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Markets have come charging back after falling to a low on March 23, despite fears of an increase in absolute numbers of infections and deaths, slumping economic data, surging unemployment and a troubling rise in reported secondary COVID-19 infections. While numerous explanations have been offered for the sharp market recovery, none of them sit well with us. We have a general theoretical override on the desk: in the absence of any structural change, the market will continue to follow the current trend. This would suggest that equities have further downside, or at least that the market rally has limited upside.
Initial thinking is that signs of COVID-19 curve flattening indicate that social distancing and other government-imposed restrictions that have been killing economic activity are approaching their end. Other investors point to the massive backstopping of credit markets by global central banks, including the Fed’s huge $2.3 trillion packages. Then there is the “wall of liquidity” as investors seek respite from negative- or low-yielding government bonds and asset purchase programs. This includes the massive expansion of the Fed’s balance sheet, which now, mind-bogglingly, includes bond ETF purchases. (I guess the Federal Reserve has aspirations to run policy just like the Bank of Japan… I wonder how that will turn out?)
Then we have what is perhaps the most powerful investment screener of all: the herd mentality of “fear of missing out” (FOMO). FOMO is “a pervasive apprehension that others might be having rewarding experiences from which one is absent.” Having been programmed during the world’s longest bull market rally, investors were quick to rush back in. And, of course, volatility these days is always amplified by computer-driven algorithms that jump on market trends in milliseconds.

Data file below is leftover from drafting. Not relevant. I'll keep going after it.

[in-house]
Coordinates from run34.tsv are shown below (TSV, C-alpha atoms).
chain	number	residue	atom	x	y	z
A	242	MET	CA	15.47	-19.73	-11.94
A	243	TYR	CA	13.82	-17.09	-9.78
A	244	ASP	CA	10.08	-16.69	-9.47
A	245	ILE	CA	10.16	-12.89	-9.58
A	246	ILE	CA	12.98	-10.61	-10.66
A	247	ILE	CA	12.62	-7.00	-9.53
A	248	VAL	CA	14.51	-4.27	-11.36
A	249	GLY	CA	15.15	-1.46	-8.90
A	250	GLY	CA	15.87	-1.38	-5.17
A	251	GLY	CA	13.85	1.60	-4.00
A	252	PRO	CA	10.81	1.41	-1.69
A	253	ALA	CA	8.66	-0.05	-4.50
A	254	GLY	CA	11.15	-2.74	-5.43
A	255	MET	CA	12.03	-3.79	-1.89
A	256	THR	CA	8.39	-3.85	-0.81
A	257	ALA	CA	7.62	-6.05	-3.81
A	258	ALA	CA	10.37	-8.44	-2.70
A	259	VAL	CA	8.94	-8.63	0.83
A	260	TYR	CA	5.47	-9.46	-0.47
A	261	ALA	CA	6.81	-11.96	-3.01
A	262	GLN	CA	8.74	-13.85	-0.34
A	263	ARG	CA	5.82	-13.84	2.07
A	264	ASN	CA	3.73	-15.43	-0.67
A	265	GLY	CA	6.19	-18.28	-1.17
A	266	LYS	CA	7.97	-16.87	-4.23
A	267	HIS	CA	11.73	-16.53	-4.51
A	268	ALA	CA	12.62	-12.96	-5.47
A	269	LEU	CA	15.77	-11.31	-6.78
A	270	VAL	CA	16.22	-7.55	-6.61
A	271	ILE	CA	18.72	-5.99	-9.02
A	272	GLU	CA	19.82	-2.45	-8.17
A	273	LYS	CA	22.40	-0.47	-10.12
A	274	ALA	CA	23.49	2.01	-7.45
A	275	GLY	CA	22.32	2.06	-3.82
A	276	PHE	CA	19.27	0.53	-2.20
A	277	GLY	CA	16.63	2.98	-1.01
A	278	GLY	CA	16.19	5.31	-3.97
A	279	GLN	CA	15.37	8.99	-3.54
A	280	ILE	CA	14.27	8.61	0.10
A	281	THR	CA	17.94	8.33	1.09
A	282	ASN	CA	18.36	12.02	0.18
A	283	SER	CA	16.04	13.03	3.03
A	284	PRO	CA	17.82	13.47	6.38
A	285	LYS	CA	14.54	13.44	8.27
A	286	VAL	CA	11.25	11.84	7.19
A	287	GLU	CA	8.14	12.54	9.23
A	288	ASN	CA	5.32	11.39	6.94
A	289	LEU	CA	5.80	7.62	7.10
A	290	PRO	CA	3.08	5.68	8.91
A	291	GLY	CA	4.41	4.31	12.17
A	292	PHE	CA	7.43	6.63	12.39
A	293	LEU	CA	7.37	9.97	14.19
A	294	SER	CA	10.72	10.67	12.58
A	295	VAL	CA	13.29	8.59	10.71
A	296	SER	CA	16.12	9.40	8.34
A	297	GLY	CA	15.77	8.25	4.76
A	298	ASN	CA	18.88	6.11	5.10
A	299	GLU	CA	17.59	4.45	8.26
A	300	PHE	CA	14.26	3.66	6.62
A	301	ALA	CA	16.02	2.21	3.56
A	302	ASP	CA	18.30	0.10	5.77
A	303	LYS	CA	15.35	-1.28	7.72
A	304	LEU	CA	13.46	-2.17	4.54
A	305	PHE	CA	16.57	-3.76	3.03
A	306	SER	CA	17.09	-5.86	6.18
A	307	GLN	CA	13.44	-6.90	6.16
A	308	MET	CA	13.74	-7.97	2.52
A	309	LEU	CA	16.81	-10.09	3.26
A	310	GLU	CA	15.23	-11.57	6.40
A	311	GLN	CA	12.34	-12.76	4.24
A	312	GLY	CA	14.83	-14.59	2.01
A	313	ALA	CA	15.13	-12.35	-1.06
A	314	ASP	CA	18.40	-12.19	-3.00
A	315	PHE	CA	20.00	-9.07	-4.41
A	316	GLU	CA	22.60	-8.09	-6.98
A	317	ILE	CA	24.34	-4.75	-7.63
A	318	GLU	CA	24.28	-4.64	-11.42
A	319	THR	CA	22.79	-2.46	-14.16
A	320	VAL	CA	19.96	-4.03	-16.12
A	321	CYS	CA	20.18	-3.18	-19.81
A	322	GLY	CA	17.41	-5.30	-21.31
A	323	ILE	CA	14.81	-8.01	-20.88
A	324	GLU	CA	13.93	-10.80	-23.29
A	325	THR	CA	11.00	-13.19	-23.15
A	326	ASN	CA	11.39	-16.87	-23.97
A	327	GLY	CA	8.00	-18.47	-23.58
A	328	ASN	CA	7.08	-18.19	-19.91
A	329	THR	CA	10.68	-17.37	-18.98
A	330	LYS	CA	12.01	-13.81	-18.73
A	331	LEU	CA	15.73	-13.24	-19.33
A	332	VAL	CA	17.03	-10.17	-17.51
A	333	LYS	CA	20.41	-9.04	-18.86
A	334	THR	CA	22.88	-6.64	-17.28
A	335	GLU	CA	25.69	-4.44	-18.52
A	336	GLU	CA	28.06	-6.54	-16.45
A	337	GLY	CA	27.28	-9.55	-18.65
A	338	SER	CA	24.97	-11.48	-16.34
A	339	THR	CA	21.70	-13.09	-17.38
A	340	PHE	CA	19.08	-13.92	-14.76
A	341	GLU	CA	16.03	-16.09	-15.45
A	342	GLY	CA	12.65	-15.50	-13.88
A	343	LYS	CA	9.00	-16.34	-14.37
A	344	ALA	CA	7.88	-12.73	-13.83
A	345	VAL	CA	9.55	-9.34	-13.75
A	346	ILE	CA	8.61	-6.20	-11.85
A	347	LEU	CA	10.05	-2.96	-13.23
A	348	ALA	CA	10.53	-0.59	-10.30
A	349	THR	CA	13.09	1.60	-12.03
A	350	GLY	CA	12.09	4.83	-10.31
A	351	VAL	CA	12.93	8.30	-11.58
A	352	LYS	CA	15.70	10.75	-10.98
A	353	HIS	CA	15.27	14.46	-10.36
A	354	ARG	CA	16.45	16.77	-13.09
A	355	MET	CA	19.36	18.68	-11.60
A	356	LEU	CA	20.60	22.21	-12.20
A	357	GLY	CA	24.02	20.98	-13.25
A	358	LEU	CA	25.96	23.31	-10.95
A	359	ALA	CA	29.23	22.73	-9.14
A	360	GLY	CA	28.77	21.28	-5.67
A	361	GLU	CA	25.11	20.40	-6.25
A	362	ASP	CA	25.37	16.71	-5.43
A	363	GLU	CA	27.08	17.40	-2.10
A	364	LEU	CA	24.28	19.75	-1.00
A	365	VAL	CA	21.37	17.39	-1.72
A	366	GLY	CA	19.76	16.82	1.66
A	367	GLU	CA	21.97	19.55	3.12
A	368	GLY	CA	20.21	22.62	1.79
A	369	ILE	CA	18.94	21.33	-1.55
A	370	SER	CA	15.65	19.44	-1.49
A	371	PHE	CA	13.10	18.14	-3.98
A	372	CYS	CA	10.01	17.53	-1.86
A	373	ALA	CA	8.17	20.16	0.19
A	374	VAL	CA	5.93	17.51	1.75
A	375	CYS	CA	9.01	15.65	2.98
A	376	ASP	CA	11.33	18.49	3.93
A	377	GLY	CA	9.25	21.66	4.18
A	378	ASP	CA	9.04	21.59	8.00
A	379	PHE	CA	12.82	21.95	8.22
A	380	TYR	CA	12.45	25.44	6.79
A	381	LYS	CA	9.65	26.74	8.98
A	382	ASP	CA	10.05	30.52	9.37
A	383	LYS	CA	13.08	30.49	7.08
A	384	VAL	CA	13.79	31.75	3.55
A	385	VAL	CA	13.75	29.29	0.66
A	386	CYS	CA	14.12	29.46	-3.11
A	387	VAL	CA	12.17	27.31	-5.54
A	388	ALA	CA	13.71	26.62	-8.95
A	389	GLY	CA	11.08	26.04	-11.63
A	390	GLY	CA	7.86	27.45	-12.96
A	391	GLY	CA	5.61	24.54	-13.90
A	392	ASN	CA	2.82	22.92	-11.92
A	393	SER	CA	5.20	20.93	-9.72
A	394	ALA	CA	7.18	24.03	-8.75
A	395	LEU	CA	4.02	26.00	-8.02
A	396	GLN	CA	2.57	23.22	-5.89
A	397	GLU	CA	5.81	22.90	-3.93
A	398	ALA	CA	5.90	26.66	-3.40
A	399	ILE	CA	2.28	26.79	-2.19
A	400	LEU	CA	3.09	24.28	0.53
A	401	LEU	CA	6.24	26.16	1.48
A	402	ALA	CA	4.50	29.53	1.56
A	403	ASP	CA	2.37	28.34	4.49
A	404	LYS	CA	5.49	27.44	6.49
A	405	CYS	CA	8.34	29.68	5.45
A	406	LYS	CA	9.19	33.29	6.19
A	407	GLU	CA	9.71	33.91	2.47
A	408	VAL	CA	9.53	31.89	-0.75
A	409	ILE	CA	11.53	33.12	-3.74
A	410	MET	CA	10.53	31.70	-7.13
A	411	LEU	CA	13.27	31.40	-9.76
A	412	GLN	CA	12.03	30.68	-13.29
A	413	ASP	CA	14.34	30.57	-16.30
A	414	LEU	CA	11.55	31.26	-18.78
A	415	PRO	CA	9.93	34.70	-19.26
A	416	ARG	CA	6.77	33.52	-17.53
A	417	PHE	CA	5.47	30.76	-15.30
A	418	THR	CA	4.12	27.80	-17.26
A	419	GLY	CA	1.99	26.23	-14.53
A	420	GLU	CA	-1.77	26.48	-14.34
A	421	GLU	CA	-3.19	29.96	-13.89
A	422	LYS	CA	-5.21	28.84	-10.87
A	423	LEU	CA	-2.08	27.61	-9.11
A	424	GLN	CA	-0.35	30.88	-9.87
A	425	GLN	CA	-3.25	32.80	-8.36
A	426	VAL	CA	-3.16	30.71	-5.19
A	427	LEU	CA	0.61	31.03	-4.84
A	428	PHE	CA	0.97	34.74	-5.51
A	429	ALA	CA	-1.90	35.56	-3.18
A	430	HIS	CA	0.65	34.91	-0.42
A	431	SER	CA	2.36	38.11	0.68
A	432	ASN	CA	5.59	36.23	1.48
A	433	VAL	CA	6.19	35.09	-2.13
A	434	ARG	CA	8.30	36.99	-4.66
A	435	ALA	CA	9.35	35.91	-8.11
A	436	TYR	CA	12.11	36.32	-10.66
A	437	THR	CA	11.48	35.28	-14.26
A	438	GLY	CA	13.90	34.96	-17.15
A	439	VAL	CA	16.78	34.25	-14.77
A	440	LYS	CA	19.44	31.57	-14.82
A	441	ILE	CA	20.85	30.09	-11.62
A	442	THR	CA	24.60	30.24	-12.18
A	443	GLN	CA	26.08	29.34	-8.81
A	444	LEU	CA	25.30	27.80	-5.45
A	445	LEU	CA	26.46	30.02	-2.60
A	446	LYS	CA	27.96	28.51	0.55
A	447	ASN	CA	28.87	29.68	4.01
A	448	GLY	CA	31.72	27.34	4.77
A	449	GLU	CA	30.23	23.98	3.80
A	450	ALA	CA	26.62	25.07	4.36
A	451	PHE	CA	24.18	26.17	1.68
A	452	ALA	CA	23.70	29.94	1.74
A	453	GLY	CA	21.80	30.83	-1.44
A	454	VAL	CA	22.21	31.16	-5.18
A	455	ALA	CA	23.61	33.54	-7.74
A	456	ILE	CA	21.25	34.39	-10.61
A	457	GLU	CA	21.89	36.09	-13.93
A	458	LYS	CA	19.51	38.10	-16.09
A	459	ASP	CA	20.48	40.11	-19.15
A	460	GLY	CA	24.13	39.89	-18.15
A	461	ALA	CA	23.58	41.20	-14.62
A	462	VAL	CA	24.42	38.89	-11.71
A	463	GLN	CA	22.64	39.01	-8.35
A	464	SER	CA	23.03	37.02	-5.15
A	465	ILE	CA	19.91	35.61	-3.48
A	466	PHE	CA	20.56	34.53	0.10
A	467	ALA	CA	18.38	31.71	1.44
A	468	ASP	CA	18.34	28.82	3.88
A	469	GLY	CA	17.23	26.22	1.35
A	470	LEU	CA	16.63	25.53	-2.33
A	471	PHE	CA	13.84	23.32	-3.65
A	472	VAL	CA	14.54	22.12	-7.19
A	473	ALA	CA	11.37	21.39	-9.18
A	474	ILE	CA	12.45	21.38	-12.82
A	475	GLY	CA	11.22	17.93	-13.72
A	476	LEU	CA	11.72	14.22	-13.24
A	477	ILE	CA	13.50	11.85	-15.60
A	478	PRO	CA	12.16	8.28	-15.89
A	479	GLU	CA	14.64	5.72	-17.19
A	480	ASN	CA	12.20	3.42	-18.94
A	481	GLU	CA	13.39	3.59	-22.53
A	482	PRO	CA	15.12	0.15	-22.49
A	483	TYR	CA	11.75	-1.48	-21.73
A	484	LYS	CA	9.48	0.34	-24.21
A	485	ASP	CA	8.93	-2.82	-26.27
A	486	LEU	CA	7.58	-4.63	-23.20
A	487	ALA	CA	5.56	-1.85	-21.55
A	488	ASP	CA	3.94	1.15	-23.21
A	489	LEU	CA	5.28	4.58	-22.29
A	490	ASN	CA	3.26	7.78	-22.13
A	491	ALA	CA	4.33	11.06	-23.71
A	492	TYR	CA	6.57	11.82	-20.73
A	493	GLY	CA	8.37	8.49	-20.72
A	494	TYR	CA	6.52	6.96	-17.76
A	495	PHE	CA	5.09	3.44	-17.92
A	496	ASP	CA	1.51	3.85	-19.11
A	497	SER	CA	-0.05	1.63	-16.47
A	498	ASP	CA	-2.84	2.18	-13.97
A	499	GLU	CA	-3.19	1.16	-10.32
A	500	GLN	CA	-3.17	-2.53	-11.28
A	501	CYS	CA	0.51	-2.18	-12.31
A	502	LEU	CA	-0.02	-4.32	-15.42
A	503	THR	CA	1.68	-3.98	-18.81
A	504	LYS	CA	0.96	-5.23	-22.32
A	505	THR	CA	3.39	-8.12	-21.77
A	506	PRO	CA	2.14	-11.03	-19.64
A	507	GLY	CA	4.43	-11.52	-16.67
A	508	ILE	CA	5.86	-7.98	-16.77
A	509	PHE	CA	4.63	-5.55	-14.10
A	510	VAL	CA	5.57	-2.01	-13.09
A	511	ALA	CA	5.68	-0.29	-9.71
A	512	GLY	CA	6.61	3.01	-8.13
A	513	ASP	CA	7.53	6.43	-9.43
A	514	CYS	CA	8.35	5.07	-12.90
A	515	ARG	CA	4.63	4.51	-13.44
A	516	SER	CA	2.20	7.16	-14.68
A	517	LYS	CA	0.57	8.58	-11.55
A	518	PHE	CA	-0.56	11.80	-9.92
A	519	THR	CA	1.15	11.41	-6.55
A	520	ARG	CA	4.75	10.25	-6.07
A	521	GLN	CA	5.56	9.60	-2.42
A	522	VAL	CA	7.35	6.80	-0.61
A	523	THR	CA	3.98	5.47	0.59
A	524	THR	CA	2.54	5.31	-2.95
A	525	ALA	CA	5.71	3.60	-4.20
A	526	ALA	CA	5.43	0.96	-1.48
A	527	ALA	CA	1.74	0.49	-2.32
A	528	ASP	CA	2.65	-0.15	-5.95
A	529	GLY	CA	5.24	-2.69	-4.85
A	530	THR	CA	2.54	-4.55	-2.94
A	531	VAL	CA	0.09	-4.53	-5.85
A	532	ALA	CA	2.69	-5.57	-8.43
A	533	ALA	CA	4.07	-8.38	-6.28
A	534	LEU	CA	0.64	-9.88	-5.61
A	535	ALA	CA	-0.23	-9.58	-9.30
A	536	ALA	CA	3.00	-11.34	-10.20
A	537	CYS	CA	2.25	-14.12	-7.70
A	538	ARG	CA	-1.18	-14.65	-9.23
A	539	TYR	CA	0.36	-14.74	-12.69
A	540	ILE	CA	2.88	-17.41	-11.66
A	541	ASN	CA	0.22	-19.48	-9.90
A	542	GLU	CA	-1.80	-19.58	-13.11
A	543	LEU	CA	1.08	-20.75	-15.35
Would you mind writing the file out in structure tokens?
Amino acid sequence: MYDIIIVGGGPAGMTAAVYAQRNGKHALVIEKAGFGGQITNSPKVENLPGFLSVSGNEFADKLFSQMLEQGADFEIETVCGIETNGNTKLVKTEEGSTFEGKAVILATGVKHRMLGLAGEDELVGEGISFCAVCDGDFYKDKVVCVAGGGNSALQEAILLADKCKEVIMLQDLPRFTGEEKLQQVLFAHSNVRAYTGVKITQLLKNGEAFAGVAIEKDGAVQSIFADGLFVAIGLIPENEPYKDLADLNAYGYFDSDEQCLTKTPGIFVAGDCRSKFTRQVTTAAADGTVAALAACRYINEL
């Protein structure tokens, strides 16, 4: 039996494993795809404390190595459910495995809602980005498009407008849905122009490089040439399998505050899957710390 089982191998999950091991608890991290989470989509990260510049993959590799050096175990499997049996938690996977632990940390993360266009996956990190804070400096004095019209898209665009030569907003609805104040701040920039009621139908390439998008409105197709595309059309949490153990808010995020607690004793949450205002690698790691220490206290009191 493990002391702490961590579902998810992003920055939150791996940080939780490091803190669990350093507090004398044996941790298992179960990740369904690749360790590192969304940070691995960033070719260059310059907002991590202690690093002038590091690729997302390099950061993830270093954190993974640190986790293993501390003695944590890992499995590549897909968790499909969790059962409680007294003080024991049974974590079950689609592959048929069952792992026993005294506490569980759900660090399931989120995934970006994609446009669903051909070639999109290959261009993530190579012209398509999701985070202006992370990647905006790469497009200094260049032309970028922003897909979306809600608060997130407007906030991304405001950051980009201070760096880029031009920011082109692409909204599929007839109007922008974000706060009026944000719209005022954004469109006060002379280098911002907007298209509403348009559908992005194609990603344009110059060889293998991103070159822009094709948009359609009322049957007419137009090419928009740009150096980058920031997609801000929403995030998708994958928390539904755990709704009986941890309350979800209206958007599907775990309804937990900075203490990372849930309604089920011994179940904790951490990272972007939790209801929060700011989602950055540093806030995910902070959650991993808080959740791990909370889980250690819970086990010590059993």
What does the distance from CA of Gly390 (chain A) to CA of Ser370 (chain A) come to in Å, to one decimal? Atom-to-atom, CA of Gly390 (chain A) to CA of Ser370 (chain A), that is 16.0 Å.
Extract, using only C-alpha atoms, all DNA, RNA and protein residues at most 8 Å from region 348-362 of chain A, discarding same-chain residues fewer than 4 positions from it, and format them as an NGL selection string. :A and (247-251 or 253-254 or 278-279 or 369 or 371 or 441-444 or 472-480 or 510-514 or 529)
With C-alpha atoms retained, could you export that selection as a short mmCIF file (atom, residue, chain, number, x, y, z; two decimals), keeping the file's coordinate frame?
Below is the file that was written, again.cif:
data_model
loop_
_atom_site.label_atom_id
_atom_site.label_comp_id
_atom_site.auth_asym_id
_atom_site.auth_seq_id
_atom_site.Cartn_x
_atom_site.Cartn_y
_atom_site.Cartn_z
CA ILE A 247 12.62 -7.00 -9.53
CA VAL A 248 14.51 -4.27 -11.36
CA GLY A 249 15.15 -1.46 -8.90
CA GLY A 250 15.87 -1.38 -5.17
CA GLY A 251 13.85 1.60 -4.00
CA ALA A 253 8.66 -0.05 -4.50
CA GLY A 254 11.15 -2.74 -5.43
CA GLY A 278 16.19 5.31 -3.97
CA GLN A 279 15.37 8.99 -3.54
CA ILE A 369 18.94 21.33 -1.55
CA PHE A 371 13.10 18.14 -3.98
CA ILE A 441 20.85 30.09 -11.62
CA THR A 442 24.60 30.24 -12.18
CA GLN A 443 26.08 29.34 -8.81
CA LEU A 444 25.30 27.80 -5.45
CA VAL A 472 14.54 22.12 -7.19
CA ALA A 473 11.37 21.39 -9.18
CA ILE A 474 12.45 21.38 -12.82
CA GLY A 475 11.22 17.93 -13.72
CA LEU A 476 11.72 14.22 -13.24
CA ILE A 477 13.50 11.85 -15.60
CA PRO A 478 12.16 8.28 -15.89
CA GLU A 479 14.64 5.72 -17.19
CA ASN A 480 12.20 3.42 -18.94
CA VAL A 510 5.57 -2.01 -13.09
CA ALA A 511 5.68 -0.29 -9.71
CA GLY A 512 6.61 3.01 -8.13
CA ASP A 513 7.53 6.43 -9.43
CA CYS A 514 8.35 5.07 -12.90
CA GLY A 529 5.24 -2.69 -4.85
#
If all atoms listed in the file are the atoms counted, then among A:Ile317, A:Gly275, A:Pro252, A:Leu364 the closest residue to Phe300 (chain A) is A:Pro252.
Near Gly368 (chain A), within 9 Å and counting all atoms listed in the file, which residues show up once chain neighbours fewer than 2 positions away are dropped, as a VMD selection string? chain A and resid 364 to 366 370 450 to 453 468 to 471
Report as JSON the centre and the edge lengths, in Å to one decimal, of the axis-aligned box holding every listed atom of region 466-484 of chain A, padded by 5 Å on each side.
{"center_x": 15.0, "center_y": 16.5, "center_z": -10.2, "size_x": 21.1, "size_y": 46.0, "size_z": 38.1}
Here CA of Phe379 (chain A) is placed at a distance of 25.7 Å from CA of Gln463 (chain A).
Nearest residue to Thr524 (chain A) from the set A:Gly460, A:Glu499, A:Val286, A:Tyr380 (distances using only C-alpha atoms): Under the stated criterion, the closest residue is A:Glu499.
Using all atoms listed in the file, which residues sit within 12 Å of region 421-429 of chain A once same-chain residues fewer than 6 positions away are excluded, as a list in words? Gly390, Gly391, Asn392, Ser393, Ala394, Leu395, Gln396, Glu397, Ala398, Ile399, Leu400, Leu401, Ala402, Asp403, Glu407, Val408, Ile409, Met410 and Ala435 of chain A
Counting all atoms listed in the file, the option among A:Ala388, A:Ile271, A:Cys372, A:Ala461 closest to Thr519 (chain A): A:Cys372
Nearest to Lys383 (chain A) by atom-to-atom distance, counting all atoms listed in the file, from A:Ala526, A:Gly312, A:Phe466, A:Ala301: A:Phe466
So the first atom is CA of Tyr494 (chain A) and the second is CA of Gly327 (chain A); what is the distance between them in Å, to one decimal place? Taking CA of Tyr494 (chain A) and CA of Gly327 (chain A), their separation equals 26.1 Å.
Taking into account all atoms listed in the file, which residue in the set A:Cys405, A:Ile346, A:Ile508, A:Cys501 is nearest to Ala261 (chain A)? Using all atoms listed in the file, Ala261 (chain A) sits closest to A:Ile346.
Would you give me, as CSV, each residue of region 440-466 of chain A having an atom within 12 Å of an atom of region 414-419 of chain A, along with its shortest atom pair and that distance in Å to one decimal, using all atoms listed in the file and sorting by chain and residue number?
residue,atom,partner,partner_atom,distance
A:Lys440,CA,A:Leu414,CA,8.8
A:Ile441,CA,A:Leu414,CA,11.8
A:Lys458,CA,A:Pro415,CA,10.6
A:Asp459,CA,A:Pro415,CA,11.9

None of these rationales make sense. The flattening COVID curve (clearly a social positive) will limit the duration of constrained economic activity. In the end, COVID is an event like an earthquake or a flood: society will return to normal after a period of time. Therefore, demand shortfalls can be forecast and deficits managed through fiscal stimulus. The risk of large disorderly defaults has been reduced by government and central bank intervention. This is the same thinking that has been in play since 2008 and caused the risk premium to fall to almost zero. In a 2008-like move, central banks are expanding the money supply at an unprecedented rate, flooding banks with near-endless liquidity. And, finally, in keeping with the very definition of herd mentality, investors are in on it.
Yet there is still concern in the back of our minds. As Warren Buffet famously put it, “Only when the tide goes out do you discover who’s been swimming naked.” Our view as to what the future will look like remains extremely hazy. The mind-numbing collapse of crude prices and rumors of big defaults (oil producers lack hedges) highlight the degree of uncertainty. Massive US job losses and an unprecedented spike in jobless claims have stunned state agencies. Beyond the public health crisis and the resultant economic crisis, the US is likely entering into a devastating period of mass unemployment. Consumers, who account for 70% of US GDP growth, are likely to carry psychological scars, leading to tighter spending habits and an increase in precautionary savings that will keep demand weak for longer. Moreover, this conservative spending scenario will likely play out in every nation globally. We doubt Chinese consumers will simply “go back to normal”.
There are other unknowns as to how society will react in the post-corona world. Social distancing could become embedded in behavior, leading to questions over who is likely to go to football matches or rock concerts or travel in jumbo jets. In general, the path to effectively containing the pandemic is still littered with unknowns.
Corporations (with the exception of Netflix) are in survival mode, first and foremost trying to manage their staff with significantly reduced revenue. This means one of the biggest drivers of stock appreciation – share buybacks and dividends – will be halted.
Last but clearly not least, there will be a surge in public debt, followed at some point by suggestions that growth-killing austerity is needed to balance the books. Until that time, though, collapsing tax revenues and higher spending will see national debt-to-GDP ratios explode. This will be especially true in Europe and will challenge the EU to its core.
Global GDP is conservatively estimated to contract by 2-4% this year. By comparison, earlier forecasts, when analysts (including us) saw no compelling reasons for stocks to fall, were for 4-5% global growth. Given the uncertainty, it seems odd to us that global equities are within 15% of their 2020 global Goldilocks market highs.